Bubba Wallace On Why NASCAR's Confederate Flag Ban Is a 'Pivotal Moment'

NASCAR announced it would no longer permit display of the flag at races, saying it "runs contrary to our commitment to providing an inclusive environment for all fans."
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Bubba Wallace, driver of the #43 McDonald's Chevrolet, wears a "I Can't Breath - Black Lives Matter" T-shirt under his fire suit in solidarity with protesters around the world taking to the streets after the death of George Floyd.

 Bubba Wallace, driver of the #43 McDonald's Chevrolet, wears a "I Can't Breath - Black Lives Matter" T-shirt under his fire suit in solidarity with protesters around the world taking to the streets after the death of George Floyd. 

NASCAR dropped a bomb on some members of its huge fanbase on June 10th when it announced that the Confederate flag would be banned from all future events. 

Two days before the announcement, Darrell "Bubba" Wallace, one of the most successful African-American drivers in NASCAR history, told CNN host Don Lemon that he felt the auto racing giant should enact such a ban in the name of committing to the fight against racism.

 In their statement about the change, NASCAR wrote:

The presence of the Confederate flag at NASCAR events runs contrary to our commitment to providing a welcoming and inclusive environment for all fans, our competitors and our industry,” NASCAR said in a statement.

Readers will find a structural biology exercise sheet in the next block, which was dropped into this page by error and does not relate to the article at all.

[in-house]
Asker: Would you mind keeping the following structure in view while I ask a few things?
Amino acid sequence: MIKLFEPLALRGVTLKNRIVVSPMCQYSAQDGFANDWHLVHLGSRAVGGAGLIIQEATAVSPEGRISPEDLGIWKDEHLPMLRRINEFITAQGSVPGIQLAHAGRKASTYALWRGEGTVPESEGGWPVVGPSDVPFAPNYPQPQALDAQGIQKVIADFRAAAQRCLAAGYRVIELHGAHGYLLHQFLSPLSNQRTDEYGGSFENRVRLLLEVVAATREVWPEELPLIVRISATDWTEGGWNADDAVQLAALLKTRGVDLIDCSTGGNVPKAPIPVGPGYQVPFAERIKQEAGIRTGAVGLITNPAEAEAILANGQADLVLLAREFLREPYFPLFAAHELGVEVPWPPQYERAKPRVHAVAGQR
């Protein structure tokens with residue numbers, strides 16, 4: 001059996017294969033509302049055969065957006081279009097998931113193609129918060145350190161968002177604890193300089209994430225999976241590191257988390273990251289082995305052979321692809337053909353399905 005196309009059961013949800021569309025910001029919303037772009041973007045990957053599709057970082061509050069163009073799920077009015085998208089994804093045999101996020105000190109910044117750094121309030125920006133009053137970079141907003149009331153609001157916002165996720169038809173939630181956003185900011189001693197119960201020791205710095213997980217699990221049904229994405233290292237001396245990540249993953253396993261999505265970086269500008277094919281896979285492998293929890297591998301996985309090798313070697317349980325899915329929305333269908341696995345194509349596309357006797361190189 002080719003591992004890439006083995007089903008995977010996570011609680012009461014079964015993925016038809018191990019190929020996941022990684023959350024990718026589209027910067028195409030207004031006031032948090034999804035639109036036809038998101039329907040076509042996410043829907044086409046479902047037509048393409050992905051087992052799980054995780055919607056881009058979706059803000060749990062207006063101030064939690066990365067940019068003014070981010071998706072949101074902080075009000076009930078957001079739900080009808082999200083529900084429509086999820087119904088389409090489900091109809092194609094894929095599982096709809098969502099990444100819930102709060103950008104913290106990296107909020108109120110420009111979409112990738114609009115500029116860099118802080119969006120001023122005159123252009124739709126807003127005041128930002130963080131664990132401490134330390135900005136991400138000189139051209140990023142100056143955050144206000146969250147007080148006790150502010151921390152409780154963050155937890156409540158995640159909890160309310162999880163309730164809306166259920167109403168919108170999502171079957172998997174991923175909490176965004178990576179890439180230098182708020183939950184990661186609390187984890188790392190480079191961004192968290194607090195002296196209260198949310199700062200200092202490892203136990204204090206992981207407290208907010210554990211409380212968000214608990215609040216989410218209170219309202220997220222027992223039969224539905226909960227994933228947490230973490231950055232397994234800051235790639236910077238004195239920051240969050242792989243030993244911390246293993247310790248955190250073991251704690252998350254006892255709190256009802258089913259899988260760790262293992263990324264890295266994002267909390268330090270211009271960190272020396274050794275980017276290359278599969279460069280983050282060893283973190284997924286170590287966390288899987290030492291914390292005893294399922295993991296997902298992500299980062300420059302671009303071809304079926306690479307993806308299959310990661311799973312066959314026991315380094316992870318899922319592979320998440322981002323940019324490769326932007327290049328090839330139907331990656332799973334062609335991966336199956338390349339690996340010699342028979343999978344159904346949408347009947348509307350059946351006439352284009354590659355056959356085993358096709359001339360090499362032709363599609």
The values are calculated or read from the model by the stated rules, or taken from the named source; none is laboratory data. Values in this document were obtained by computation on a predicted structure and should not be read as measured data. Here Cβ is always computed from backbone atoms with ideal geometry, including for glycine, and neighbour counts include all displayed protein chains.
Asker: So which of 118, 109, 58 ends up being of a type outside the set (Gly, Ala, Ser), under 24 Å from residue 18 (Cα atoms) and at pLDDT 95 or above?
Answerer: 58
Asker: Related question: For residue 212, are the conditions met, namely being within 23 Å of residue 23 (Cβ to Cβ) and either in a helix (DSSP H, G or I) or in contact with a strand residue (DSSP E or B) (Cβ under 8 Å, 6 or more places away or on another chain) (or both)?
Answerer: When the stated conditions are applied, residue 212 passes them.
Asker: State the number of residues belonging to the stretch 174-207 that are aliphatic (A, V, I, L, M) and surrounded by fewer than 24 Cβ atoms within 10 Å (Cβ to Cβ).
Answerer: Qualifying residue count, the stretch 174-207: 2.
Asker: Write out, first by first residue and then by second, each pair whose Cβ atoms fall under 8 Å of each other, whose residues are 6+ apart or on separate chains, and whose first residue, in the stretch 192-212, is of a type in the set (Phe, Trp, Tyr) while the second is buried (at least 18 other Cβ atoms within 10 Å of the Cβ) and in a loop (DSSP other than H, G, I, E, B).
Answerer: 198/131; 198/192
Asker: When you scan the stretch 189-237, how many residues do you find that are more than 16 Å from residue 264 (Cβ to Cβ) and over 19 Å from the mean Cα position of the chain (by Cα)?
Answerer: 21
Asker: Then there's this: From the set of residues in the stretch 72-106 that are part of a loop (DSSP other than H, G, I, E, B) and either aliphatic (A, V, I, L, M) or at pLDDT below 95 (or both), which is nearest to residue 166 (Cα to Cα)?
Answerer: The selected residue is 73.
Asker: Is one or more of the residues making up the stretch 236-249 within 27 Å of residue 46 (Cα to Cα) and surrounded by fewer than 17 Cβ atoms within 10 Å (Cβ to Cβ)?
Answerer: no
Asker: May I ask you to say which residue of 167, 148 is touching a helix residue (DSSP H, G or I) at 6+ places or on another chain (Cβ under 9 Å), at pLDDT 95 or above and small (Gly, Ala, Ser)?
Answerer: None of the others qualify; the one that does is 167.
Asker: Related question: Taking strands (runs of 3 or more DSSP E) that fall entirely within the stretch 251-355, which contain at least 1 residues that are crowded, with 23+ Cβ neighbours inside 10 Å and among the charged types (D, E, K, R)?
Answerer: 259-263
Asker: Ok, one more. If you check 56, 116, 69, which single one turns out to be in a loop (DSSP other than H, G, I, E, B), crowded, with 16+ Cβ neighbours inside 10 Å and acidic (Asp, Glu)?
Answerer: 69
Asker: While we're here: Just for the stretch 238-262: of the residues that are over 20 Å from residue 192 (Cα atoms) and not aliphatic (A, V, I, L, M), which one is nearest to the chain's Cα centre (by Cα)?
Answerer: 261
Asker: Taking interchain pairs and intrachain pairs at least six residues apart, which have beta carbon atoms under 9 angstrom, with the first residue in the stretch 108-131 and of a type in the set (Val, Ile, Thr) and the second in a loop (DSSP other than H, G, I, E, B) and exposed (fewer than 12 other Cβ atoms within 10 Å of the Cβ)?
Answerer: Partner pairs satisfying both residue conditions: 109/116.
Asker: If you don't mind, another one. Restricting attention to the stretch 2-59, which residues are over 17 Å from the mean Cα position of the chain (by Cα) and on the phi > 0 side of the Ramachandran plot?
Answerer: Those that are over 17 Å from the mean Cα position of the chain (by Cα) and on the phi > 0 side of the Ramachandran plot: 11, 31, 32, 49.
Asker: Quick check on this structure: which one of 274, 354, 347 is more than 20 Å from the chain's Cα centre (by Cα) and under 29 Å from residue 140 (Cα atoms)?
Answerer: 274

“Bringing people together around a love for racing and the community that it creates is what makes our fans and sport special. The display of the Confederate flag will be prohibited from all NASCAR events and properties.

Speaking to Fox Sports after the announcement, Wallace said "Bravo. Props to NASCAR and everybody involved. This has been a stressful couple of weeks."

Wallace was about to race in the Blue-Emu Maximum Pain Relief 500 at the Martinsville Speedway and said it was "no doubt the biggest race" of his career. He said he was excited and "hats off the NASCAR." Then he elaborated on his communications with NASCAR president Steve Phelps. 

"[Phelps] and I have been in contact a lot, just trying to figure out what steps are next. And that was a huge, pivotal moment for the sport," he said. 

"Lot of backlash," Wallace, clad in a shirt reading, "I Can't Breathe" and "Black Lives Matter," concluded, "but it creates doors and allows the community to come together as one, and that's what the real mission is here. So I'm excited about that."

Bubba Wallace ended up finishing the Blue-Emu 500 at no. 11, but it sounds like he still walked away feeling like a winner.